A new online enrollment system for families to enroll their kids in grades K-12 for the 2018-19 school year at Indianapolis Public Schools and most Marion County charter schools begins Wednesday.
The so-called common enrollment process is a major shift for city parents and schools. Families will longer fill out separate paperwork for IPS magnet schools and neighborhood schools, or need to remember a smattering of enrollment deadlines among dozens of charter schools.
Instead, families will log on to a website, pick the schools they want to attend, rank them in order by preference and wait to find out which school their child will attend. The first enrollment round begins Wednesday, Nov. 15, and ends January 15. Enrollment results will be announced February 15
Cities, including Denver and New Orleans, offer a variation of the one-application approach. Support in Indianapolis has come IPS, the Mayor’s Office, most of the city’s charter schools and local education reform group The Mind Trust.
As the new system has been rolled out some have raised concerns over the complexity and transparency of the process.
Caitlin Hannon, founder of Enroll Indy, the local nonprofit managing the OneMatch enrollment system, says it creates equity by simplifying where families get information about schools and using a computer algorithm to match a child with an open seat.
“It doesn't matter who your parent is,” Hannon says about how students are selected to attend schools with long waiting lists. “It doesn't matter who you know or how much money you have or if you bake brownies for the school secretary.”
The technology behind the system is similar to what is used for National Resident Matching Program through which most American doctors get their first job, according to the Institute for Innovation in Public School Choice which creates the algorithm used by OneMatch.
Families are expected to use Enroll Indy’s website to find a school that matches their need and interest, such as it academic performance, after-school care and transportation options.
Though OneMatch, also part of the Enroll Indy website, families can choose up to ten schools they would want their child to attend and rank the schools in priority.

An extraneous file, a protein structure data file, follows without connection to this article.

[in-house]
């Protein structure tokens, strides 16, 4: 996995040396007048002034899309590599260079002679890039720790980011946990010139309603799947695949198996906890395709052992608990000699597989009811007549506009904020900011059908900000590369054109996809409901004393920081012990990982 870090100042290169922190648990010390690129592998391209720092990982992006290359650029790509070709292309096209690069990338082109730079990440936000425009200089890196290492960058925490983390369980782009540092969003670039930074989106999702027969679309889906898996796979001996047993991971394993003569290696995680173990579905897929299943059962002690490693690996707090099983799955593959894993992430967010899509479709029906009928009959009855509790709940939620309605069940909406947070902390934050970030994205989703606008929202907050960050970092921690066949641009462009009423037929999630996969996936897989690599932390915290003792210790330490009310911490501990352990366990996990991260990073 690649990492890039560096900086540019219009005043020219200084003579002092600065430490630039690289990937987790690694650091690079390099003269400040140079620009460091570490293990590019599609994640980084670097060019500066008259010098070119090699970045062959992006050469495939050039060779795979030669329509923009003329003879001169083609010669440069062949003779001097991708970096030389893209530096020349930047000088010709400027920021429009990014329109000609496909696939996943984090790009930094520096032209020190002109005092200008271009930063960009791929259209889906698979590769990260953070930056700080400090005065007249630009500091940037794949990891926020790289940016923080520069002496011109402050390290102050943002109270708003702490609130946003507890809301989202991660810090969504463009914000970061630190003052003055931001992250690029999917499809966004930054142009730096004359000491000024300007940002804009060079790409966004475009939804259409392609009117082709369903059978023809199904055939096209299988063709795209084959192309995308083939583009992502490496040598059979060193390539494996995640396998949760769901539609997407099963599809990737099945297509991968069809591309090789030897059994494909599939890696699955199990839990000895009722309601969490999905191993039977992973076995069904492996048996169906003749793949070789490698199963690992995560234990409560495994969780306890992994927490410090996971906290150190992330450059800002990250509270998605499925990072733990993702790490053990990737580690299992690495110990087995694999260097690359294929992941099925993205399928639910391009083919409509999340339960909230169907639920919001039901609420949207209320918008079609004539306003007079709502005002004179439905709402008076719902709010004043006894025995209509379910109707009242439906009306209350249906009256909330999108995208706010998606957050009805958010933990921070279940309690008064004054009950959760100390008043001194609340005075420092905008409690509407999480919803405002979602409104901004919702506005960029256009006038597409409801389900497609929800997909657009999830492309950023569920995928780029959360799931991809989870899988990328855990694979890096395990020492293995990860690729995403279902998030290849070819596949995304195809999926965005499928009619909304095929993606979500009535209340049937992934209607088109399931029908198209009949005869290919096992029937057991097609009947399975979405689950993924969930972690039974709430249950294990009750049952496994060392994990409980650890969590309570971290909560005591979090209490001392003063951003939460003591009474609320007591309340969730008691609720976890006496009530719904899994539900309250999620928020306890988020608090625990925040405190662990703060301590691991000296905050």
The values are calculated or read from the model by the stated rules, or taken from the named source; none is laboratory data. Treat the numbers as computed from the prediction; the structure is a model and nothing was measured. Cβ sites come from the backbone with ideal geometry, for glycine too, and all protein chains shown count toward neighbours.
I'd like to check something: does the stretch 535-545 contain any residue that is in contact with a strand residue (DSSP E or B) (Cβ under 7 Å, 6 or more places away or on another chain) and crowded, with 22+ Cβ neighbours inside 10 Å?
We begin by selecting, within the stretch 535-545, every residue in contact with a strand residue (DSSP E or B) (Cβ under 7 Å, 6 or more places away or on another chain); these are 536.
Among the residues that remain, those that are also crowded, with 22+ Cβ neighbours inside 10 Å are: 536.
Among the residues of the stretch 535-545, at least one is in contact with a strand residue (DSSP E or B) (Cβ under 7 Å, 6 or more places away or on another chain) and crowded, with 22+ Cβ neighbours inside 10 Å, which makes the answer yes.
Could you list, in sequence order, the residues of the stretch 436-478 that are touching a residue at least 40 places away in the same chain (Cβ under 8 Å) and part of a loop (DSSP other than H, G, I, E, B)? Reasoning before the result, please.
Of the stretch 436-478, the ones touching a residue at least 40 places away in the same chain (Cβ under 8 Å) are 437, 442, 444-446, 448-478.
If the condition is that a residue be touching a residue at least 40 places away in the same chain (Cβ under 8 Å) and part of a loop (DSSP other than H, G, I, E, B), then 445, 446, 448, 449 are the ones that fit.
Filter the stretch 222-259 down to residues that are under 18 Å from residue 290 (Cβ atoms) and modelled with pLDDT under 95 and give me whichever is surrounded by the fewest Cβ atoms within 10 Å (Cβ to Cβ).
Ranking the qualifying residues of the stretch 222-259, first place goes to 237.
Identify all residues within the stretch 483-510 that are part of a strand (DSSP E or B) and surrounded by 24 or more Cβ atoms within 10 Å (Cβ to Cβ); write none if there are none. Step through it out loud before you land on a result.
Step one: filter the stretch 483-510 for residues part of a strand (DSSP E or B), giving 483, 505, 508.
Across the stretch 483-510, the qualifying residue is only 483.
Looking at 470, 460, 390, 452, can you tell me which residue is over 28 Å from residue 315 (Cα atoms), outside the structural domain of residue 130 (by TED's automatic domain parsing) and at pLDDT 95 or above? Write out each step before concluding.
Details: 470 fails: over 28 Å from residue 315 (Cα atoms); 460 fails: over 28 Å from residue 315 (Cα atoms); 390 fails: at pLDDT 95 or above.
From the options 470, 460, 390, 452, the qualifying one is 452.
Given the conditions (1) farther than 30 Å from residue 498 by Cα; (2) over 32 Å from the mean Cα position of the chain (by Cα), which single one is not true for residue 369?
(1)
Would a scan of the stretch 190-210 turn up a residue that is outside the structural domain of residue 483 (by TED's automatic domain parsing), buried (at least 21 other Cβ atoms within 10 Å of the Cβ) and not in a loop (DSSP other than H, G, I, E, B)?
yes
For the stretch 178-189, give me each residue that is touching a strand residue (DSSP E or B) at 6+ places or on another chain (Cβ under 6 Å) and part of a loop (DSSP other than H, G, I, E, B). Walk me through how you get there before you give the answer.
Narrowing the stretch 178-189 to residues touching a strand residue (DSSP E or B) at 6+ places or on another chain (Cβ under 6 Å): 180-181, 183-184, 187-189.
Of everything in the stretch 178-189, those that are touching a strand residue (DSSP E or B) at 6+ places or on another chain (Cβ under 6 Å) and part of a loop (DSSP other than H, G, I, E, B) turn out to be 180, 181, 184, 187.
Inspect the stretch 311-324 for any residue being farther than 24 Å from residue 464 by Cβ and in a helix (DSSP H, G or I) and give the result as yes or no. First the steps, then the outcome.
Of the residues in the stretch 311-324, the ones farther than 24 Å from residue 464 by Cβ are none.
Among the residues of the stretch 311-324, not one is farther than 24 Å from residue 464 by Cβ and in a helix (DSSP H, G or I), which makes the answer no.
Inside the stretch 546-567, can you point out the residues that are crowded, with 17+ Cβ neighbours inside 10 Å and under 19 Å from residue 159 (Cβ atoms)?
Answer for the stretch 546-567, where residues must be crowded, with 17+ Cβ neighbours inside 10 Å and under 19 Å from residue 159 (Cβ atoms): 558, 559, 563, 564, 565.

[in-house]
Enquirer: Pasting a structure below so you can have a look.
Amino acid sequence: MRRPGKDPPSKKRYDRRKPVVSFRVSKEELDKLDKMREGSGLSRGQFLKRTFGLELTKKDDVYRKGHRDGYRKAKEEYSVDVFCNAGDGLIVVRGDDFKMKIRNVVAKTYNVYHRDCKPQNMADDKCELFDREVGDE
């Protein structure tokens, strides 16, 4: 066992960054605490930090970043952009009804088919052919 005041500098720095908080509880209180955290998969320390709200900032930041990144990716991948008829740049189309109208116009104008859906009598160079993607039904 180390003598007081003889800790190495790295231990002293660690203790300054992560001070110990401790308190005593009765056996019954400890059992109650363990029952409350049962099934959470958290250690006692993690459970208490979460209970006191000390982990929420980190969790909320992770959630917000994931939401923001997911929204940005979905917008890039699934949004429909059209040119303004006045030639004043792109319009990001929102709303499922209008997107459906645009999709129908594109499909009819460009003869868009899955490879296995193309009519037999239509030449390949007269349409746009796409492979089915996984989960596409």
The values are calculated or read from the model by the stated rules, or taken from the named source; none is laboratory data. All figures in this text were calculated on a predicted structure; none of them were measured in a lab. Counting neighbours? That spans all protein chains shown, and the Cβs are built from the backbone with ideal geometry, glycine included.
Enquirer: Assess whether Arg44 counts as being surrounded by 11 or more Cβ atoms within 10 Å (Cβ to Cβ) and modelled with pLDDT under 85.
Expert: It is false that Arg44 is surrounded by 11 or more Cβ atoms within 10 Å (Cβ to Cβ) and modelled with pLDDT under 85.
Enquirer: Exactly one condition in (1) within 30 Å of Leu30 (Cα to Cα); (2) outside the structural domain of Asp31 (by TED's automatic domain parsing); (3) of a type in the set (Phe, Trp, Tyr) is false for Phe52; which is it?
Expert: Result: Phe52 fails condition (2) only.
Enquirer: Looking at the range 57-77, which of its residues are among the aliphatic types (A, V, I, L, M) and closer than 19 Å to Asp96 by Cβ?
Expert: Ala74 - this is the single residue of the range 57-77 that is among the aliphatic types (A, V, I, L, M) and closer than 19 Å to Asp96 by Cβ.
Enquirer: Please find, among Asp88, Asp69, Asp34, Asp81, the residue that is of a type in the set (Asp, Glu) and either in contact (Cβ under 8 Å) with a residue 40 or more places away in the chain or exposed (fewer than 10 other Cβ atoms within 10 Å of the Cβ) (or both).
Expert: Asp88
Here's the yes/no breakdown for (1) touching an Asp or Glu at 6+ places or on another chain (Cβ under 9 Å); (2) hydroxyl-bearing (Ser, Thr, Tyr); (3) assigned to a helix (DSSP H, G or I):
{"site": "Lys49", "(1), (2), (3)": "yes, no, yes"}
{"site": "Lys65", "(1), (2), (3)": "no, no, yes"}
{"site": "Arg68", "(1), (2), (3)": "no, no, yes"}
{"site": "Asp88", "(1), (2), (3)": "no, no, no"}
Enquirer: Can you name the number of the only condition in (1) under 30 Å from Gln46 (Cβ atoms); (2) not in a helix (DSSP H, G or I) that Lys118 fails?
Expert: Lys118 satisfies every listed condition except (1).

The algorithm factors in priories associated with each student -- such as whether they live in a pre-drawn school boundary zone, if a sibling already attends a school and if a parent works for IPS -- and assigns a random lottery number.
The system runs everyone’s choice at the same time and fills open seats based on those factors, Hannon says. IPS will no longer offer waitlist positions for programs that reach capacity. Rather, Hannon says, students will be assigned their top option based on availability.
“This is not about putting you in a school that isn't a school that you want,” says Hannon, a former IPS School Board commissioner. “This is about you telling us what you want, the priorities of the school, and your random lottery number. Those are the only three factors.”
Unlike in the past, Hannon says, the system will also explain to families why they did not get the school they wanted.
The new system requires all schools taking part to use a single enrollment application, follow three enrollment windows and use a random lottery process to select which students make it into popular academic programs.
But not all Indianapolis charter schools are taking part, including Christel House Academy.
Carey Dahncke, head of schools, says the charter network is taking a wait-and-see approach to OneMatch for its two schools.
“Our enrollment has been strong, so the idea of changing practice just didn't seem necessary,” he says.
Phalen Leadership Academy also did not sign on but two IPS innovation schools managed by the company will use OneMatch.
The two networks will continue to enroll students using their own system and deadlines.
The IPS Community Coalition, a group critical of ongoing changes within IPS, has described the OneMatch system as being akin to the dystopian Hunger Games series. In a recent Facebook post, the group said the enrollment system dictates schools choice, not the parents.
"The parents only provide the list of 10. This starts to look like some strange robotic, authoritarian system of the allocation of scarce resources (the 'good' schools), kind of like the Hunger Games. This looks like an inhumane system, not a parent and child-friendly one," the group wrote.
In a public response, Hannon disputed the notion that families are not choosing their schools.
"We don’t decide anything for families -- they just apply and we run a lottery -- the same way it’s been done for years but in a more efficient place so families don’t have to apply all over the city," she wrote.
Enrollment for 2018-19 will be held during three rounds: Nov. 15 - Jan. 15 with results on Feb. 15; Jan. 16 - April 15 with results on May 15; April 16 - June 15 with results on June 30. Late enrollment starts July 1.
Correction: An earlier version of this article had the incorrect state date for enrollment. It is Nov. 15.